Wednesday, 25 January 2012

Haute Couture | X-ray Vision by Christian Dior

Christian Dior Haute Couture Spring/Summer 2012 by Bill Gaytten

At the preview of his Christian Dior spring haute couture collection on Sunday evening, Bill Gaytten, the designer entrusted with the house's creative direction post John Galliano, talked of viewing the iconic look of the house with X-ray vision. Gaytten went on to say he was thinking about transparency versus opacity, of clothes having to be perfect enough to be held up to intense scrutiny, and of floral embroidery that gradated from placement stitches to only-in-Paris-could-you-see-this-level-of-craftsmanship, a commentary on the brilliance of the work needed to conjure up couture.

Enjoy Christian Dior Haute Couture Spring/Summer 2012 Backstage & Fashion Show Video! LoL, Andrea

"The idea is icon Dior, but looked at with an X-ray vision," Bill Gaytten said early Sunday evening about the Christian Dior spring 2012 haute couture collection he showed Monday at the house's fabled eight arrondissement address, as a kind of hushed frenzy took over over the buildin. Karlie Kloss, scheduled to wear the opening look, just darted away from her fitting, while the ateliers dealing with flou, tailleur, and what can only be described as la grande nuit (dramatic evening dresses with huge skirts) grabbed their last break of the evening before work slid into the night, some at dinner, while one seated man stretched over his work space got a vigorous back massage. Looking at Dior's heritage with an X-ray eye means, of course, that Gaytten has been seeing clearly the idea of transparency. In essence, this means that 1947 New Look-era silhouette of a tiny waist, jutting hips, and full skirts rendered in the gauziest and lightest of fabrics - tulle, mesh, net - in black and white, with color /Dior-red, deep purple) is gradually seeping into Gaytten's palette. There is the house's finely wrought handiwork, too, in the form of embroideries that start faintly, then build and grow as if sketch was being fully realized; the idea of decoration, said the designer, as "very much a work in progress." The challenge, of course, is that by stripping away opacity, everything has to be held up to the harsh glare of light before it can be shown. "It's not easy," Gaytten agreed, laughing. "It demands perfection."    

Christian Dior Haute Couture 2012 Croquis

Le Moulage

 La Réalisation

You can see where I am going with this, can't you? Work in a state of flux, a forensic eye on everything you create, and the relationship between conceal and reveal; it all marks the current state of the house of Dior, which has been subject to the namegame for nearly's a year now, with the world guessing as to who is going to permanently replace Galliano. Plenty have been touted. For its part, Dior - and its owner, LVMH - have done nothing but keep a dignified silence over the matter, and just let Gaytten get on with his work. Would that everyone have been so gracious and not contributed to the rumor-mongering that has been going on. Take into account the fact that Dior's sales have ticked upward in less than a year, too, and perhaps there isn't the pressure to make a change soon or maybe even ever. Certainly, in Gaytten's case, he has emerged this season as a perfectly fine keeper of the Dior flame. He didn't deviate from the house's heritage as shaped by John Galliano, whose masterly collision of light and air with construction and restriction was extensively riffed on here.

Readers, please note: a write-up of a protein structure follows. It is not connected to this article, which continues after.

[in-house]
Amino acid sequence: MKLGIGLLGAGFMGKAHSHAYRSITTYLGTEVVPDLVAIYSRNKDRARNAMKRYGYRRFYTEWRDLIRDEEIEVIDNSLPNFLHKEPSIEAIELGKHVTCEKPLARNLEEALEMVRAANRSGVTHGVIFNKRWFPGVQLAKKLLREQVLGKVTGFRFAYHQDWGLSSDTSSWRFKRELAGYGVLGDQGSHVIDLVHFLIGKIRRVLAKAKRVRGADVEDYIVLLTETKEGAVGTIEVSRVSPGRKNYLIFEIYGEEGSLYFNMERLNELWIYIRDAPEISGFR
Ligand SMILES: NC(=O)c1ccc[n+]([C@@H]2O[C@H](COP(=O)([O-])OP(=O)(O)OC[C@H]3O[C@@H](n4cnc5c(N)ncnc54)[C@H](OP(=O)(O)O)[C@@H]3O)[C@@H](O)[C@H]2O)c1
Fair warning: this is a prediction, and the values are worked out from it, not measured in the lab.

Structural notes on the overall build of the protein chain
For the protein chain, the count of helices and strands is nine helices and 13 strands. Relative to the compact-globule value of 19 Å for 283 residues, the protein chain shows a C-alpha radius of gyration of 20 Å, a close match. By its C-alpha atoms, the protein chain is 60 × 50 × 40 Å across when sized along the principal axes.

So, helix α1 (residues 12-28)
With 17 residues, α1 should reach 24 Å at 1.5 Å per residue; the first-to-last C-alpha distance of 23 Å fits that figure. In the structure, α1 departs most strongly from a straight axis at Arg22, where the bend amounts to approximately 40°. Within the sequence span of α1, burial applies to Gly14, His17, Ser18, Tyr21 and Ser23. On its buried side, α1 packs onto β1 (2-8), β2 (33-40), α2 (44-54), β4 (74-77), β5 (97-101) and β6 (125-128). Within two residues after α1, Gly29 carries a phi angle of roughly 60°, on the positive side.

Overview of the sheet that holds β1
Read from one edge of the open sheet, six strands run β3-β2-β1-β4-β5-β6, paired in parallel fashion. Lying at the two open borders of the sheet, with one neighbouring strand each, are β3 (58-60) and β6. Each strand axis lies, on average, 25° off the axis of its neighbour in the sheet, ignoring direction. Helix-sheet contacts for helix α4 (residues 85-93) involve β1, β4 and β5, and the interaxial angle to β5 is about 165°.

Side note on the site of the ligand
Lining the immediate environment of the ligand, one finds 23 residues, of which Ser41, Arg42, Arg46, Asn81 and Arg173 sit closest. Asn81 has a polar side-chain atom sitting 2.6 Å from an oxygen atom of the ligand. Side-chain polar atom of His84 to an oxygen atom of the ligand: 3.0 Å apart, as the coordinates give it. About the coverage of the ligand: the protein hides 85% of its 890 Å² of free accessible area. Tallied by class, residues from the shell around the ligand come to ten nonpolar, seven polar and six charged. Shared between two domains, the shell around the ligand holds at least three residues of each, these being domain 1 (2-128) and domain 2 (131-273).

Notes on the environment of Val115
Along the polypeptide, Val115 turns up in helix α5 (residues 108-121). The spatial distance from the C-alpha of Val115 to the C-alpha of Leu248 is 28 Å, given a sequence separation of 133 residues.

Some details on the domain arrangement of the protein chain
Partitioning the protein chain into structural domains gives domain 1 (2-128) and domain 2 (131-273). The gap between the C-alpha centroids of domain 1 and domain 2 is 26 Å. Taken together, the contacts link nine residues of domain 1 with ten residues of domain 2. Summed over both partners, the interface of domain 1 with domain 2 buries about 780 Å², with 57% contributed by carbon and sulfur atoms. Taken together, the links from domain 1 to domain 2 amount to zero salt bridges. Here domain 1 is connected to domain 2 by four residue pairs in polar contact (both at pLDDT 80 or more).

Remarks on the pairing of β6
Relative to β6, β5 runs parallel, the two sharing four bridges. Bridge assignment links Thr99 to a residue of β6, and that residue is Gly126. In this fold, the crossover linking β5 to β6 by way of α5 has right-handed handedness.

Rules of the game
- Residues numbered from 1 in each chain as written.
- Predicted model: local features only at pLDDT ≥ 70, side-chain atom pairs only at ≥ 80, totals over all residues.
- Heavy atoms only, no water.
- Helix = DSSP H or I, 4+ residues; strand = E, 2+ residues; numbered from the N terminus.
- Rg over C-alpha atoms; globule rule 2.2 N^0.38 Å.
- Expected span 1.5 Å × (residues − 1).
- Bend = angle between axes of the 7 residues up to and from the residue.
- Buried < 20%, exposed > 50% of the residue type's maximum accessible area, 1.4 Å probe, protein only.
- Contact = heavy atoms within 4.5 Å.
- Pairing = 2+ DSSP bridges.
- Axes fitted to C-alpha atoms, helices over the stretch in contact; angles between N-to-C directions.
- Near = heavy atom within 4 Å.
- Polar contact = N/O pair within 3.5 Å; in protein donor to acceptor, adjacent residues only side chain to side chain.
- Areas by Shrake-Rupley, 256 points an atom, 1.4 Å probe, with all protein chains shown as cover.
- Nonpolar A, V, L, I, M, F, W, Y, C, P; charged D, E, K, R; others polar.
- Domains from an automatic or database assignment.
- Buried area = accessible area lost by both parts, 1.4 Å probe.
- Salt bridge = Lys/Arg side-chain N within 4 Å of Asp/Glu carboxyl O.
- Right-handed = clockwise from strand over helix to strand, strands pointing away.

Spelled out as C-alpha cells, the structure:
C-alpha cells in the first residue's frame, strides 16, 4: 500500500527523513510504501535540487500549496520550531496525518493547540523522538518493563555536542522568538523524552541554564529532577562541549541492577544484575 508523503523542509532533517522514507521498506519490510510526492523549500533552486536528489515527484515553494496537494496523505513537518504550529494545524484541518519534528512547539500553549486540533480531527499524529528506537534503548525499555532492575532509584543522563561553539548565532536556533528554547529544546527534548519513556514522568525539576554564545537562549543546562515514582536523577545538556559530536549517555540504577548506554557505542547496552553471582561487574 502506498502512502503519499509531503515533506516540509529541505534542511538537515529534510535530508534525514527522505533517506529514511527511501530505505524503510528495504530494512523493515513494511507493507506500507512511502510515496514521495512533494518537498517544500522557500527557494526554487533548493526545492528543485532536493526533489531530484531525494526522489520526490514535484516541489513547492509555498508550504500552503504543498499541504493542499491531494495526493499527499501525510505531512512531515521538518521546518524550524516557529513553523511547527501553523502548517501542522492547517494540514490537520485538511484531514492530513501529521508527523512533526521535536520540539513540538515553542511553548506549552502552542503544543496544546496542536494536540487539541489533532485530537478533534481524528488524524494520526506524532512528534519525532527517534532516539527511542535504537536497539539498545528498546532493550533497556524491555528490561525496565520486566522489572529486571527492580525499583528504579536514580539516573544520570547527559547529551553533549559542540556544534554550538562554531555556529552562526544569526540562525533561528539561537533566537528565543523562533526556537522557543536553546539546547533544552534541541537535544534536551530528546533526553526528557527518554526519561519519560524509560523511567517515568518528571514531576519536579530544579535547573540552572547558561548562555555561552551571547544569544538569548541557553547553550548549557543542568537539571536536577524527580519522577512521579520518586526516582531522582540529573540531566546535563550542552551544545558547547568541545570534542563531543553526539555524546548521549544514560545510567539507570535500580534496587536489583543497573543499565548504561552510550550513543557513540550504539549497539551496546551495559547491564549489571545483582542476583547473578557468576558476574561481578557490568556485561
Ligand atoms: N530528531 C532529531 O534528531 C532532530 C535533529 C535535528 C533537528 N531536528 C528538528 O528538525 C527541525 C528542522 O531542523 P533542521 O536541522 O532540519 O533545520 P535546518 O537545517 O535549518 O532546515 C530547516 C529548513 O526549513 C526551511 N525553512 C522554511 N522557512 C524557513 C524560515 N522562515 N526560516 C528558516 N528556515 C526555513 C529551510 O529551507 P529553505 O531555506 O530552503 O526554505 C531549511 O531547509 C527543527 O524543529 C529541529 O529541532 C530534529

The X-ray idea was evident from the opening look, worn by Karlie Kloss, a white sheer organza coat that looked like Gaytten had belted  a cloud with a minimal/clinical black leather, and then proceeded to embroider it with black flowers over its full gauze skirt. From there on, he explored a transparent/opaque, positive/negative, black/white theme through billowing jackets, dresses, full skirts and coats, to a closing series of grand ball dresses, some heavily tiered and concertina-pleated, others fluttering with wispy feathers - all as if putting shadow and light into clothing form. Along the way, he touched on the house's shade of red, with a finale to end all finales: a dramatically proportioned strapless evening dress on Aymeline Valade. There was also the classic houndstooth worked as an embroidered check on a jacket or pencil skirt. And Gaytten emphasized his stricter, controlled silhouette via the use of faux-tailoring basting stitches. To put his fifties glamour moment across, the models struck the kind of poses they would need to have worked if they'd wanted to convince legendary fashion illustrator (and Dior collaborateur) René Gruau to put pen to paper.

In the end, what transpired was a well enough executed show that spoke to what Dior can be by referencing what it once was. Therein lies the rub. With so many creative directors advancing the cause of the role of forward-thinking design in defining their brands - Phoebe Philo at Céline springs mind, with her cool-girl urbanity, as does Givenchy's sexed-up tough chic courtesy of Riccardo Tisci - it feels more important than ever that Dior start pushing into new territory, too, regardless of who's at the helm. Right now there is a vacancy for pretty, feminine, youthfully elegant clothes´drawn for the twenty-first century - and someone should be filling it.

Selections by ANDREA JANKE Finest Accessories

Photo Credit/Source: VOGUE
Photography by Yannis Vlamos/GoRunway & Kevin Tachman


Shagun said...

Ravishing beauty in design by Dior. Each outfit is a poetry in feminine chic.My favorite is the uneven layered, white/black sheer organza gown with full, Victorian skirt & a bow.Sensational editorial, dear Andrea!!!...Cheers, Shagun

lorenabr said...

Die Kollektion ist wunderbar! Ich wurde gerne mal fur ein Modehaus illustrieren ... was fur ein Traum! :)

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